Costco members stopped buying as many big-ticket items, but they continue to renew their memberships at a healthy rate and to frequent Costco for necessities like food and batteries.
In the midst of a recession and at a time when it is adding new stores slowly, Costco Wholesale posted its best quarter ever.
Its international warehouses drove some of the growth, including more demand for televisions in China, but mostly Costco members in the U.S. just kept shopping for food and other basics.
“These last two years when the economy really hit the fan and people were not eating out as much … we really didn’t know, was this going to be a help or a hurt to us,” Richard Galanti, Costco’s chief financial officer, said in a conference call with analysts on Wednesday.
Its members stopped buying as many big-ticket items, but they continue to renew their memberships at a healthy rate and to frequent Costco for necessities like food and batteries.
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Sales rose 8 percent to $24.1 billion for Costco’s fiscal fourth quarter ended Aug. 29, and profit rose 16 percent to $432 million or 97 cents a share — two pennies better than analysts expected.
The holy grail of retail, same-store sales, rose 14 percent at Costco’s international stores. But they represent just a quarter of its 573 warehouses.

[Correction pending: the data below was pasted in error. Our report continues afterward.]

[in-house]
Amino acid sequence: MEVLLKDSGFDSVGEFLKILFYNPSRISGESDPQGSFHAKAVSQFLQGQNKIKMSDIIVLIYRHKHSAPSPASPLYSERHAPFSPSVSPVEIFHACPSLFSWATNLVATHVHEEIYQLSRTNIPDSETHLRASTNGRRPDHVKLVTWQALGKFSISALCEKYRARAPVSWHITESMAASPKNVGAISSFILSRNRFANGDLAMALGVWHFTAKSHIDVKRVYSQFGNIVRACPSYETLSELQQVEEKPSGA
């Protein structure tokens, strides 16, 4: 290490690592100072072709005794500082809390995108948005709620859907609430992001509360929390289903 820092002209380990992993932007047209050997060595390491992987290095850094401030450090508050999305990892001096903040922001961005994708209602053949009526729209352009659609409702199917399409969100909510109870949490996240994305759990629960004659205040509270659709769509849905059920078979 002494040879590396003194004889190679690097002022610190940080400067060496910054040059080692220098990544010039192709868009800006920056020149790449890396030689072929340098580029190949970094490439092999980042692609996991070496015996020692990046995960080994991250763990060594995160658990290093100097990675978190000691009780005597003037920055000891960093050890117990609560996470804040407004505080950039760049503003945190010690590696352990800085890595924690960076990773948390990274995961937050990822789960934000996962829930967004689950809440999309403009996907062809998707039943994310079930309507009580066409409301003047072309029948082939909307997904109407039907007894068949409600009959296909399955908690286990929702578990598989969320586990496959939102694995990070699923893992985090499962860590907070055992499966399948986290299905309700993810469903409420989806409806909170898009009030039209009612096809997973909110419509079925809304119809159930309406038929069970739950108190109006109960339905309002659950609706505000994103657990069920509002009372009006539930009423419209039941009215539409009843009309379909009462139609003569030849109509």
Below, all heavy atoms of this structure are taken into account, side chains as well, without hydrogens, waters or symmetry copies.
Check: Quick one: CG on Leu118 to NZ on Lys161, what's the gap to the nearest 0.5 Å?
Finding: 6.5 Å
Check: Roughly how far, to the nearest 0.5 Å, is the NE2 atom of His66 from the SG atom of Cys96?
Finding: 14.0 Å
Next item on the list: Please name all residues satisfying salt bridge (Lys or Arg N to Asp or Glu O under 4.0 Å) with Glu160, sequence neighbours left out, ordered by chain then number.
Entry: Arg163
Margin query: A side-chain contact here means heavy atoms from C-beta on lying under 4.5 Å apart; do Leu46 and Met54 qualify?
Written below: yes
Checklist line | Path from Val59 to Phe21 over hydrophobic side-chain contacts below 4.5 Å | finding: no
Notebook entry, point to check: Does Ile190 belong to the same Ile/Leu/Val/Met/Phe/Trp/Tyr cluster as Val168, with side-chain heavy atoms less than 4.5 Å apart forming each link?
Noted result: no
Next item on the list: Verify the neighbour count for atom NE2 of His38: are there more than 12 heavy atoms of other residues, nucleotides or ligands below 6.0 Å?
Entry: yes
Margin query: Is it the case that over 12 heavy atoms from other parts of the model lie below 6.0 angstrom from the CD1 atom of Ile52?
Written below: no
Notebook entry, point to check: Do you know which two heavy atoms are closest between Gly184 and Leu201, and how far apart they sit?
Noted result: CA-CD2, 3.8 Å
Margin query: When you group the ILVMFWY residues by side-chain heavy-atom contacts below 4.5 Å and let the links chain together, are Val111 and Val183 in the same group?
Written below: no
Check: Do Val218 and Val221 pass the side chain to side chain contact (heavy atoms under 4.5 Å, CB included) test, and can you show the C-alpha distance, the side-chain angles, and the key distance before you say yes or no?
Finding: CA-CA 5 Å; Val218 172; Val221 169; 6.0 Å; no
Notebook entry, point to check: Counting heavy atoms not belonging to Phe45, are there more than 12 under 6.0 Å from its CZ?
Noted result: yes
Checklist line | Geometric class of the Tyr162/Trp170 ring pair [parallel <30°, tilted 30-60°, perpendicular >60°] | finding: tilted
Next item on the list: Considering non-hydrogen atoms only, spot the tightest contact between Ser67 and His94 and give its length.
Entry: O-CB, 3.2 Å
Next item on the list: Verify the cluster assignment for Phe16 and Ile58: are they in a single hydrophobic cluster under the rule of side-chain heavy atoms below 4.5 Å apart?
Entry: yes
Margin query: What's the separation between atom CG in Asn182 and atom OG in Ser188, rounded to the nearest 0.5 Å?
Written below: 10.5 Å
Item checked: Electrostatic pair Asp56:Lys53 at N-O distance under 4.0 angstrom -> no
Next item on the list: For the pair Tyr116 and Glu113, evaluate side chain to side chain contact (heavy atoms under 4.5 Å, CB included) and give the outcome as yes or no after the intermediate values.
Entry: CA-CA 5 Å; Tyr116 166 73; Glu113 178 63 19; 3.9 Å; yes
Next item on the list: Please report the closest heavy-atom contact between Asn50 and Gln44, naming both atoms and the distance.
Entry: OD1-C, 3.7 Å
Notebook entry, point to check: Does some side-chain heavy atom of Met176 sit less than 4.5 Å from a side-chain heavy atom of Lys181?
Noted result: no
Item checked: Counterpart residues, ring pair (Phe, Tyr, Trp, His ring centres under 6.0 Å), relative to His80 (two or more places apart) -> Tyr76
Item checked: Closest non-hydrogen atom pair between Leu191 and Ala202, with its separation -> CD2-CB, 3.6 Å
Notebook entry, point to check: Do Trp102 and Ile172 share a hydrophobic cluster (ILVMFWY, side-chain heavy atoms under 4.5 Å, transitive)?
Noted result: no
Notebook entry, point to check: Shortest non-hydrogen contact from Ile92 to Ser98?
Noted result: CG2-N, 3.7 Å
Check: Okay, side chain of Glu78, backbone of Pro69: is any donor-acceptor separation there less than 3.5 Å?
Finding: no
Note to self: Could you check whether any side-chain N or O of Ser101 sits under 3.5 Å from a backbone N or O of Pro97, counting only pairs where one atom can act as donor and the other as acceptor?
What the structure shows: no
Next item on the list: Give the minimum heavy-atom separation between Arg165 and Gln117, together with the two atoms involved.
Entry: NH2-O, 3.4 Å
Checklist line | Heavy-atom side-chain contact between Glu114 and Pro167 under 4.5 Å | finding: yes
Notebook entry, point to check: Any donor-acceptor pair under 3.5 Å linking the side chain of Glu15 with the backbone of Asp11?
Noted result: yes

That same measure in the U.S., which tracks stores open more than a year, rose a meager 2 percent in September and 4 percent in its fourth quarter.
Deflation continues to be a concern for Costco and other retailers.
Lower prices have cut into its gross margin, which disappointed investors so much on Wednesday that they pushed its high-flying shares down early in the day. Shares ended up 75 cents at $65.41.
Costco’s gross margin grew just 0.03 percent to 10.9 percent during the quarter, lower than some analysts had expected.
Costco added just 13 net new stores during the last year.
It plans to ramp up growth this fiscal year to 29 net new locations, Galanti said.
Costco has been careful about overseas growth but has gained confidence about expansion in some markets.
“Every new country starts with a trail of tears,” he said. “It takes five-plus years to get to a bottom-line profitability in many countries. But then you go another five years out, and some of these countries are doing very well.”
For example, Costco has fewer than 10 stores in South Korea and in Taiwan.
Not long ago, it thought it would have 15 in each country over the next decade; now that estimate is 25 warehouses or more.
Another area for growth is Costco Online, which saw a drop in sales to $1.6 billion in fiscal 2009 but was up to $1.7 billion in 2010.
CEO Jim Sinegal has said he thinks that eventually it could be a $5 billion business.
The plan is simple, Galanti said. “It’s all about focus on merchandising. We’re not going to tweet. We’re not going to gift wrap.”
Melissa Allison: 206-464-3312 or firstname.lastname@example.org